Fascinating books keep kids reading

Children are curious about everything, and excellent nonfiction books provide an important avenue to learning and generating new questions and answers that hadn’t been thought of before.

Interested minds need to be nourished, and when they are, interesting people emerge. A steady diet of nonfiction provides a rich and ever-expanding base of knowledge and understanding.

Such is the case with the books reviewed today. Be sure to ask your local librarian and bookseller to point you in the direction of others. It’s up to the adult to make it happen for a child. Make that adult you.

Books to borrow

The following book is available at many public libraries.

“I Feel Better with a Frog in My Throat: History’s Strangest Cures” written and illustrated by Carlyn Beccia, Houghton Mifflin, 48 pages

Read aloud: age 8 – 9 and older.

Read yourself: age 9 – 10 and older.

Long ago, if you were sick, there were some mighty odd remedies used to cure what ailed you. In this clever book, author/illustrator Beccia presents a fascinating look at history’s strangest remedies for many common ailments.

If someone had a headache, what would help — putting a hole in the head, putting mustard on the head, or getting a shock from an electric eel? When someone had a stomachache, did any of these cures help — urine, dirt, or millipedes?

Citing the origin of each of the cures, describing where and when such remedies were used, and zeroing-in on what worked, what didn’t, and why, this wildly interesting book will have kids (and adults) pondering ancient, modern, and future medicine in more ways than one.

Librarian’s choice

Library: Sinking Spring Public Library, 3940 Penn Ave., Sinking Spring

Library director: Wenonah Riegel

Youth services Librarian: Christine Weida

Choices this week: “I Survived True Stories: Five Epic Disasters” by Lauren Tarshis; “John, Paul, George, and Ben” by Lane Smith; “Joyful Noise: Poems for Two Voices” by Paul Fleischman and Eric Beddows

Books to buy

The following books are available at favorite bookstores.

“Mythical Beasts: 100 Fun Facts About Real Animals and the Myths They Inspire” by Stephanie Warren Drimmer, photos various credits, National Geographic Kids, 2022, 48 pages, $4.99 paperback

Read aloud: age 7–9.

Read yourself: age 7-9.

There was a time when people believed in dragons, unicorns, and many other mythical creatures. While such animals weren’t real, one might wonder why and how such holdings took hold. “Mythical Beasts” is here to set the record straight with astonishing facts and magnificent photographs that will have readers/listeners pouring over this book time and again.

Unicorns? Come on; they aren’t real. But the tusks of narwhals — a medium-sized toothed whale — is the real deal. Long ago, many didn’t know that narwals existed, so when narwhal tusks washed ashore, a story unfolded about what animal had such a magical horn belonged to — a unicorn.

In Greek mythology, a mythical monster, Hydra, had numerous heads and if one was cut off in battle, two would grow back in its place. While Hydra was a myth, the real-life axolotl salamander can regrow body parts it has lost. And on occasion in real-life, there have been two-headed creatures seen in nature, such as two-headed snakes, turtles, and others.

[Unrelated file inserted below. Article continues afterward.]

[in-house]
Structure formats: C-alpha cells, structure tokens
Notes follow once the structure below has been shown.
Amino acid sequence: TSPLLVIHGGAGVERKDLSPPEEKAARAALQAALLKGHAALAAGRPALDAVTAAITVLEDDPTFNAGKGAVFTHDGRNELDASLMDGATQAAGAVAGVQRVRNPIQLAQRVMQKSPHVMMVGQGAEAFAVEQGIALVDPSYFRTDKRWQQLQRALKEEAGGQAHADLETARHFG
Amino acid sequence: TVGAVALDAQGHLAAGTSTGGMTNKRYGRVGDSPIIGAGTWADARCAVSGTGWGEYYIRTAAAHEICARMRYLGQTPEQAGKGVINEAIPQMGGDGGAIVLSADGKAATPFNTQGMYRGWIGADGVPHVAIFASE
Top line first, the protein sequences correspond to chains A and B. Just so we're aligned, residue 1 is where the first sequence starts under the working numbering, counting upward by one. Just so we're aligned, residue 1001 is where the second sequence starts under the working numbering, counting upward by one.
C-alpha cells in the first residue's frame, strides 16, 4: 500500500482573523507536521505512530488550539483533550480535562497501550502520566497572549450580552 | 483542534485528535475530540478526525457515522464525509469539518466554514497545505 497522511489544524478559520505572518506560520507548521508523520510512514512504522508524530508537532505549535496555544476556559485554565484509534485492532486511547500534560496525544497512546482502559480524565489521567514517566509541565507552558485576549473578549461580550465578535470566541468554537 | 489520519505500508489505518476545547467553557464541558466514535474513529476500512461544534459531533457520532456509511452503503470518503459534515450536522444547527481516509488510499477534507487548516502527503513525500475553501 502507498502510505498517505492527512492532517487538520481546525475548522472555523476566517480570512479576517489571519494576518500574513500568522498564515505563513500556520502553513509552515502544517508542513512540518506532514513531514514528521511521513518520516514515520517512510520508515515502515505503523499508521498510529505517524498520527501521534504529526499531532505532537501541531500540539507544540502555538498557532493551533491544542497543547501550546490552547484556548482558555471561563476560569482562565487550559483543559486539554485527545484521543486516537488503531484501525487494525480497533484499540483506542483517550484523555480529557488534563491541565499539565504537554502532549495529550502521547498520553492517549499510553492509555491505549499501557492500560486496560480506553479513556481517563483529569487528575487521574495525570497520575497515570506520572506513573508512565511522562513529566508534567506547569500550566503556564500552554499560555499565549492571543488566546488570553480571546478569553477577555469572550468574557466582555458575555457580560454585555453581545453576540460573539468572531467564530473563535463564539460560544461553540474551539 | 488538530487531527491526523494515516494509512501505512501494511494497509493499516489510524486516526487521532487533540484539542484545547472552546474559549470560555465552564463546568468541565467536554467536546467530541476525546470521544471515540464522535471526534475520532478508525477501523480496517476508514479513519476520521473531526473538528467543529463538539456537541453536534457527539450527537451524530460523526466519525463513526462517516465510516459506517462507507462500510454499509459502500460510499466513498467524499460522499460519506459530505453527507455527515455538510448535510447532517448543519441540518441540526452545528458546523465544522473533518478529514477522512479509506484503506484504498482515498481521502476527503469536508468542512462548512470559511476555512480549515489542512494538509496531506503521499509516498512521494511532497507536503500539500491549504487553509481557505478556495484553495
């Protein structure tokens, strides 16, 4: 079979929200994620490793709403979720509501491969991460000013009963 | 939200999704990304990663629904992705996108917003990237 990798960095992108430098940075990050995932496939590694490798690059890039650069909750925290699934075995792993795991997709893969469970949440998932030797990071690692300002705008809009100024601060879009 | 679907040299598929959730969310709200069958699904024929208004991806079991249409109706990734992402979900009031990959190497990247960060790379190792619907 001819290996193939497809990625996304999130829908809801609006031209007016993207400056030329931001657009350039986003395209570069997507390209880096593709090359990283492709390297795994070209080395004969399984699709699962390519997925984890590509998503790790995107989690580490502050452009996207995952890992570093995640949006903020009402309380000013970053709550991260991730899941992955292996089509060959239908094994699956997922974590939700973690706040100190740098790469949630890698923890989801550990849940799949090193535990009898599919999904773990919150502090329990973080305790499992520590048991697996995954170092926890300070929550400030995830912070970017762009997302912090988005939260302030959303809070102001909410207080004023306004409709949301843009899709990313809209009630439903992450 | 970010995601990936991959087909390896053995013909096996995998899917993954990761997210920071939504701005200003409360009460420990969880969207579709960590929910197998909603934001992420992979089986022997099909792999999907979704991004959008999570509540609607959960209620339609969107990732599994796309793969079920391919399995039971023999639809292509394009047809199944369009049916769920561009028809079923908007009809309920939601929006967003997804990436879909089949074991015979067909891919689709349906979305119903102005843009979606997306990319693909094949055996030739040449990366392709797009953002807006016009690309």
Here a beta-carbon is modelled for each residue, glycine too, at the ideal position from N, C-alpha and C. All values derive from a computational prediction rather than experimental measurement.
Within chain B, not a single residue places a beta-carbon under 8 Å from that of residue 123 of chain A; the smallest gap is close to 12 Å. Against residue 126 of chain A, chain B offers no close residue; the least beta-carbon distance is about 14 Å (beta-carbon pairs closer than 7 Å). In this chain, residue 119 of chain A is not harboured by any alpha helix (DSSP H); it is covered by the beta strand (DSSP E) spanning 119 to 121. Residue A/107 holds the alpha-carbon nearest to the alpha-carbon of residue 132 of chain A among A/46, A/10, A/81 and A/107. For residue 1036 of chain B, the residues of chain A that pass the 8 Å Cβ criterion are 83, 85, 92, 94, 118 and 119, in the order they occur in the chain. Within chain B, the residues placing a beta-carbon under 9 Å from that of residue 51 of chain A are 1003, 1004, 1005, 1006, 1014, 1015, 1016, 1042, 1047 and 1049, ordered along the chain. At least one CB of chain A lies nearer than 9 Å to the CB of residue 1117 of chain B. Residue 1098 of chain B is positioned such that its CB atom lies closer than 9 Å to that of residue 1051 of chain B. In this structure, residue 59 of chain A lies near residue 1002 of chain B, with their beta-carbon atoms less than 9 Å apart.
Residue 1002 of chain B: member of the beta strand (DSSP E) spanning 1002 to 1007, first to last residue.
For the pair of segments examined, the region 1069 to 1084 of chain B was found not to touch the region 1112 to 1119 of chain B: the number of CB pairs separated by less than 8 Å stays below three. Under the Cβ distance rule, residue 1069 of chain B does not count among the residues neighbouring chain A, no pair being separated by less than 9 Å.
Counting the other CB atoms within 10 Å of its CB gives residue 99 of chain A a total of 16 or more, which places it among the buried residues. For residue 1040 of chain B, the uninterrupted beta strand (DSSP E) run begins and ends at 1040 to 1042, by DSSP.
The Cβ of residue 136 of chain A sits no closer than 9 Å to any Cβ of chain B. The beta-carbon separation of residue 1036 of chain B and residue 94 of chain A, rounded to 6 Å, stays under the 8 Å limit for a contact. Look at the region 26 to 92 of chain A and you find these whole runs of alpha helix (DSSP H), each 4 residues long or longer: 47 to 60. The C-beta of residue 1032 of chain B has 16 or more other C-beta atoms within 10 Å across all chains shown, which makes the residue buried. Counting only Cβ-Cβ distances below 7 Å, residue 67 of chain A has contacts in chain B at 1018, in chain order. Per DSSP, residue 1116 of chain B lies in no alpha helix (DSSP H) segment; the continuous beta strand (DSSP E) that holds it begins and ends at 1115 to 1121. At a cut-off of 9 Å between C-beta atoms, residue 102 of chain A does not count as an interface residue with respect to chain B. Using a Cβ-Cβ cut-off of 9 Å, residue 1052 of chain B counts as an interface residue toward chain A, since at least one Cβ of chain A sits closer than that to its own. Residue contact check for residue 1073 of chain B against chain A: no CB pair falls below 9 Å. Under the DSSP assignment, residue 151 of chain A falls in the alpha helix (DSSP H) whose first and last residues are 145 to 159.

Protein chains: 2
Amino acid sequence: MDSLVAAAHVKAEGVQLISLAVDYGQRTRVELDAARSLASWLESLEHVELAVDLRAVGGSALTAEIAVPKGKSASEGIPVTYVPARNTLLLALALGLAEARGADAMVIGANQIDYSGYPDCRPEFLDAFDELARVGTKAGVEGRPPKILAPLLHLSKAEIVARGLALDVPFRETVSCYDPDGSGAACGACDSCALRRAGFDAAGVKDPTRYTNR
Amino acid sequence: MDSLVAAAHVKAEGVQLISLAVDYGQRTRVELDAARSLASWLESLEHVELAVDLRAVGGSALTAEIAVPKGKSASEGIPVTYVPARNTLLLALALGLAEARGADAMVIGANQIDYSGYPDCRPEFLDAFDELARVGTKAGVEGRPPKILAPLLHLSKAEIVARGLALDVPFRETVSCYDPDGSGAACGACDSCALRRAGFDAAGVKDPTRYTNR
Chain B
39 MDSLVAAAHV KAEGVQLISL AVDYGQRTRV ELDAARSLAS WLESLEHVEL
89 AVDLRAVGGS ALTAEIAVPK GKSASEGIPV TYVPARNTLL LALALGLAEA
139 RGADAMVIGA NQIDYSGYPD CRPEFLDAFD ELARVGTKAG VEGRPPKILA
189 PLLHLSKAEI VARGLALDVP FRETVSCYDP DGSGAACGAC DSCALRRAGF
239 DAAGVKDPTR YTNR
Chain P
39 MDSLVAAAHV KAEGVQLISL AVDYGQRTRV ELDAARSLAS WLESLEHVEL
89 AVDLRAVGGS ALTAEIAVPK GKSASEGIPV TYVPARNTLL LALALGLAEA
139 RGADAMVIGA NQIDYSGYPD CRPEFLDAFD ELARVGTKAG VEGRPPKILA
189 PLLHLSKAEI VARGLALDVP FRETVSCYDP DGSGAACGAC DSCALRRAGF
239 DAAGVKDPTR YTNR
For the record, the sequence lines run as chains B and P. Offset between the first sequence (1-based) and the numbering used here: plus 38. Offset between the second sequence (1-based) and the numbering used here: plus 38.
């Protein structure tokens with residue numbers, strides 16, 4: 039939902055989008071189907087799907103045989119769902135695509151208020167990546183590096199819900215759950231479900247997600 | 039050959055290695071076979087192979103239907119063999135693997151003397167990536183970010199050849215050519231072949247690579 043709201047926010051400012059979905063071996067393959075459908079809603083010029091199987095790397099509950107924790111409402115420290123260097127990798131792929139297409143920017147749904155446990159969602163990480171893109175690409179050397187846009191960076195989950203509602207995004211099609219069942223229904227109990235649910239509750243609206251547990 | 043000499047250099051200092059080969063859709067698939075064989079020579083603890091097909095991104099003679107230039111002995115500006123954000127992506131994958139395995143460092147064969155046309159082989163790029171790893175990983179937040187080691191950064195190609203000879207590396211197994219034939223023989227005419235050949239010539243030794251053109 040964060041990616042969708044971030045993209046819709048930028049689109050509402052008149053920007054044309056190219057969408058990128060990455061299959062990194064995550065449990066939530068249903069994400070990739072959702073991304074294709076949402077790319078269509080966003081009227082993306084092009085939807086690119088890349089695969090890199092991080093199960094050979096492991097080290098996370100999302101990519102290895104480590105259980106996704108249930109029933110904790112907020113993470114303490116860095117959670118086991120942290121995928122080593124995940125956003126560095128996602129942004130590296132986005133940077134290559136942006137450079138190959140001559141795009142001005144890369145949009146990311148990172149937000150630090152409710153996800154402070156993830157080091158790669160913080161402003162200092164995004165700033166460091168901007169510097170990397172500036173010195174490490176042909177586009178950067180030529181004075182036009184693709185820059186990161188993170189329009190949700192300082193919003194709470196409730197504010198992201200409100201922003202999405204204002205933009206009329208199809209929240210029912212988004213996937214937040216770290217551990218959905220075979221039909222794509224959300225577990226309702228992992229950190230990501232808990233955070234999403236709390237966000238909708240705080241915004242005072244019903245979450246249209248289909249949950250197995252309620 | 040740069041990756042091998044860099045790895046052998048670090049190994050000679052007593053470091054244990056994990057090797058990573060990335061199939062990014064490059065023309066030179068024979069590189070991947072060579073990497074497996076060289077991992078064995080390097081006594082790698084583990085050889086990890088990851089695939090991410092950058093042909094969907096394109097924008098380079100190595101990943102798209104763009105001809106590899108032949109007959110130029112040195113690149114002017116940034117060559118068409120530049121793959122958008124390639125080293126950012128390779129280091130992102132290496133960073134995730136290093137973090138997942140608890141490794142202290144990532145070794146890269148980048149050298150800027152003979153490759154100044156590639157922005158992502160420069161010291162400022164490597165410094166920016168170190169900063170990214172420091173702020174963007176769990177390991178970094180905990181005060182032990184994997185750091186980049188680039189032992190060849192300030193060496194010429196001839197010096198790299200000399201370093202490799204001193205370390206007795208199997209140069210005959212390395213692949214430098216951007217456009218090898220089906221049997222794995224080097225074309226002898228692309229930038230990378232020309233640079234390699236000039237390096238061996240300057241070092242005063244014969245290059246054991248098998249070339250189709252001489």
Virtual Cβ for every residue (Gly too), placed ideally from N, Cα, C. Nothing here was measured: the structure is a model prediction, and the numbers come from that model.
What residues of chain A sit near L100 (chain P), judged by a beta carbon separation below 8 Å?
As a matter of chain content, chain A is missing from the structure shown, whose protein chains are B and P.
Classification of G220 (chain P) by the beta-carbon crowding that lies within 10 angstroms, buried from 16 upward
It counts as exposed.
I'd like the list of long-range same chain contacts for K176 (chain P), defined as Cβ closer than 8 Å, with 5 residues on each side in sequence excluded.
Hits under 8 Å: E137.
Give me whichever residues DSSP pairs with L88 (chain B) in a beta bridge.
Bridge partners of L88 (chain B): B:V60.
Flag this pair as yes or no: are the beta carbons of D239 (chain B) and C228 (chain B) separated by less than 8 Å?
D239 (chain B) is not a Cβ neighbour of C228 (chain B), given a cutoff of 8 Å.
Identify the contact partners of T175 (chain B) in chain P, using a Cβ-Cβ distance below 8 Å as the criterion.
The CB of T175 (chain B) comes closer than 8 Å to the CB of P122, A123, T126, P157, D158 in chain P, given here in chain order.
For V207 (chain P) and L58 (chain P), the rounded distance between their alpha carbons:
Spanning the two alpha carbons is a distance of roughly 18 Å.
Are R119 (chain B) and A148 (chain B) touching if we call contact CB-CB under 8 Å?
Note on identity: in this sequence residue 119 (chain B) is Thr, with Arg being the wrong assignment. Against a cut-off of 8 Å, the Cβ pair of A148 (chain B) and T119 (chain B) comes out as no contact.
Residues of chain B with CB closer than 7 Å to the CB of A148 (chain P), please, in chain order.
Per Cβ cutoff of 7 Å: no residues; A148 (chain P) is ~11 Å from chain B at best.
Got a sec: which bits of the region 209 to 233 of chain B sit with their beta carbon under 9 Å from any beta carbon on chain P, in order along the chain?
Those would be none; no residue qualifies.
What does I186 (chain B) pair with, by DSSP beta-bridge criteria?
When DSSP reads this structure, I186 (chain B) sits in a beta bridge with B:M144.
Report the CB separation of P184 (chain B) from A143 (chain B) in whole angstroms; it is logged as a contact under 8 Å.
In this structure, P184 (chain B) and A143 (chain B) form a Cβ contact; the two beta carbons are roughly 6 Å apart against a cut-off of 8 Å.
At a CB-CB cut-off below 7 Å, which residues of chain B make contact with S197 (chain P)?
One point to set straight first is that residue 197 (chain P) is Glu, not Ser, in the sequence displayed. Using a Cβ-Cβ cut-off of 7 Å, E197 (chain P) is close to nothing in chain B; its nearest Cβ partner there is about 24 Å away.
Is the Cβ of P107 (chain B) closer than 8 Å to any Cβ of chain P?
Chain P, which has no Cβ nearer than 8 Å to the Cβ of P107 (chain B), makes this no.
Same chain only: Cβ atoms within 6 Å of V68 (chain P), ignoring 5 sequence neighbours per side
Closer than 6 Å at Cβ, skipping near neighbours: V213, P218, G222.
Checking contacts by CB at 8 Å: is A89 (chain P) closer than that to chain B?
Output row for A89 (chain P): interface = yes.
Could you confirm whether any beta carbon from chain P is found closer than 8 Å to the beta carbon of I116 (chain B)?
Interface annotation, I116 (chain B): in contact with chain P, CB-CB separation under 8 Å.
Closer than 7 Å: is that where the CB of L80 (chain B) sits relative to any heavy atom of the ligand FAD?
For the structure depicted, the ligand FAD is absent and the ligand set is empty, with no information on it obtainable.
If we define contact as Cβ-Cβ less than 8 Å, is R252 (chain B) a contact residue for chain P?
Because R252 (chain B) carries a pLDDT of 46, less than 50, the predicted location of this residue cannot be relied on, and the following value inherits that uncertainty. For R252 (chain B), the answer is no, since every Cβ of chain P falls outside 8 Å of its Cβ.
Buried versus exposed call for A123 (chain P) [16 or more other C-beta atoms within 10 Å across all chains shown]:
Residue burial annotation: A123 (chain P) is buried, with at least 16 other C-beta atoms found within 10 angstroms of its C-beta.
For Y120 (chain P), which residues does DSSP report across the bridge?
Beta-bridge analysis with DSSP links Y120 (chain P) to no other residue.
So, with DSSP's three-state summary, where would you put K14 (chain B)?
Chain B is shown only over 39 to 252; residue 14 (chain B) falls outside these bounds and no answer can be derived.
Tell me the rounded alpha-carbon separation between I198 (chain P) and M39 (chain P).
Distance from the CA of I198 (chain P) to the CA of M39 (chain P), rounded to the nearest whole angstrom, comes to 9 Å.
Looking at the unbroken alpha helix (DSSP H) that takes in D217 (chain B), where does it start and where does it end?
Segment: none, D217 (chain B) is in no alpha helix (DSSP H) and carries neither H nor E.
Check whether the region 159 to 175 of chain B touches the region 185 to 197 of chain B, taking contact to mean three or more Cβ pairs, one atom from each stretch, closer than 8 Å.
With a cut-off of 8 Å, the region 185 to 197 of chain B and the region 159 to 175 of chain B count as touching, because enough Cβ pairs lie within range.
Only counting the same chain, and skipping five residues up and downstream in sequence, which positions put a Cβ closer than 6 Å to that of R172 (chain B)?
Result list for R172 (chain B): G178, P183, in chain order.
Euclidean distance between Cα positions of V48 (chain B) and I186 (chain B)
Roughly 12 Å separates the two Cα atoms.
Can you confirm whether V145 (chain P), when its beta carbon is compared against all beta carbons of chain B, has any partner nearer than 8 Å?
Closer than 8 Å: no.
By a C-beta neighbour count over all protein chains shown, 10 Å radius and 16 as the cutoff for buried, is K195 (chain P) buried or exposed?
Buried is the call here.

Hold on to your hat because there’s so much more to “Mythical Beasts,” a fascinating and fun book that explains myths, real-life creatures with bizarre superpowers, and how many of their stories intertwine.

“Anglerfish: The Seadevil of the Deep” by Elaine M. Alexander, illustrated by Fiona Fogg, tells how a prehistoric-looking creature survives in one of the harshest environments on the planet. (Courtesy of Candlewick)

“Anglerfish: The Seadevil of the Deep” by Elaine M. Alexander, illustrated by Fiona Fogg, Candlewick, 2022, 32 pages, $17.99 hardcover

Read aloud: age 4–8.

Read yourself: age 7-8.

Meet a deep-sea-angler fish, known as the Seadevil of the Deep, a creature that lives 13,000 feet below the surface of the ocean in the midnight zone, where there is no light, few inhabitants and scarce resources.

Anglerfish didn’t always live in the midnight zone. She began life as a baby fish (a fry) on the surface of the Atlantic Ocean. But life there was full of danger with hungry predators and fishing nets. So, as Anglerfish grew, and her illuminated fishing rod grew from her forehead, she descended deeper and deeper until she was in complete darkness. There, she has buried herself in mud and sand, with only her glowing fishing orb visible, luring unsuspecting prey to its glow and her ultimate meal.

These and other fascinating facts about Anglerfish are presented in both story form and followed by several pages of equally interesting backmatter material. Journey with Anglerfish to discover how this prehistoric-looking creature survives in one of the harshest environments on the planet.

Nationally syndicated, Kendal Rautzhan writes and lectures on children’s literature. She can be reached at

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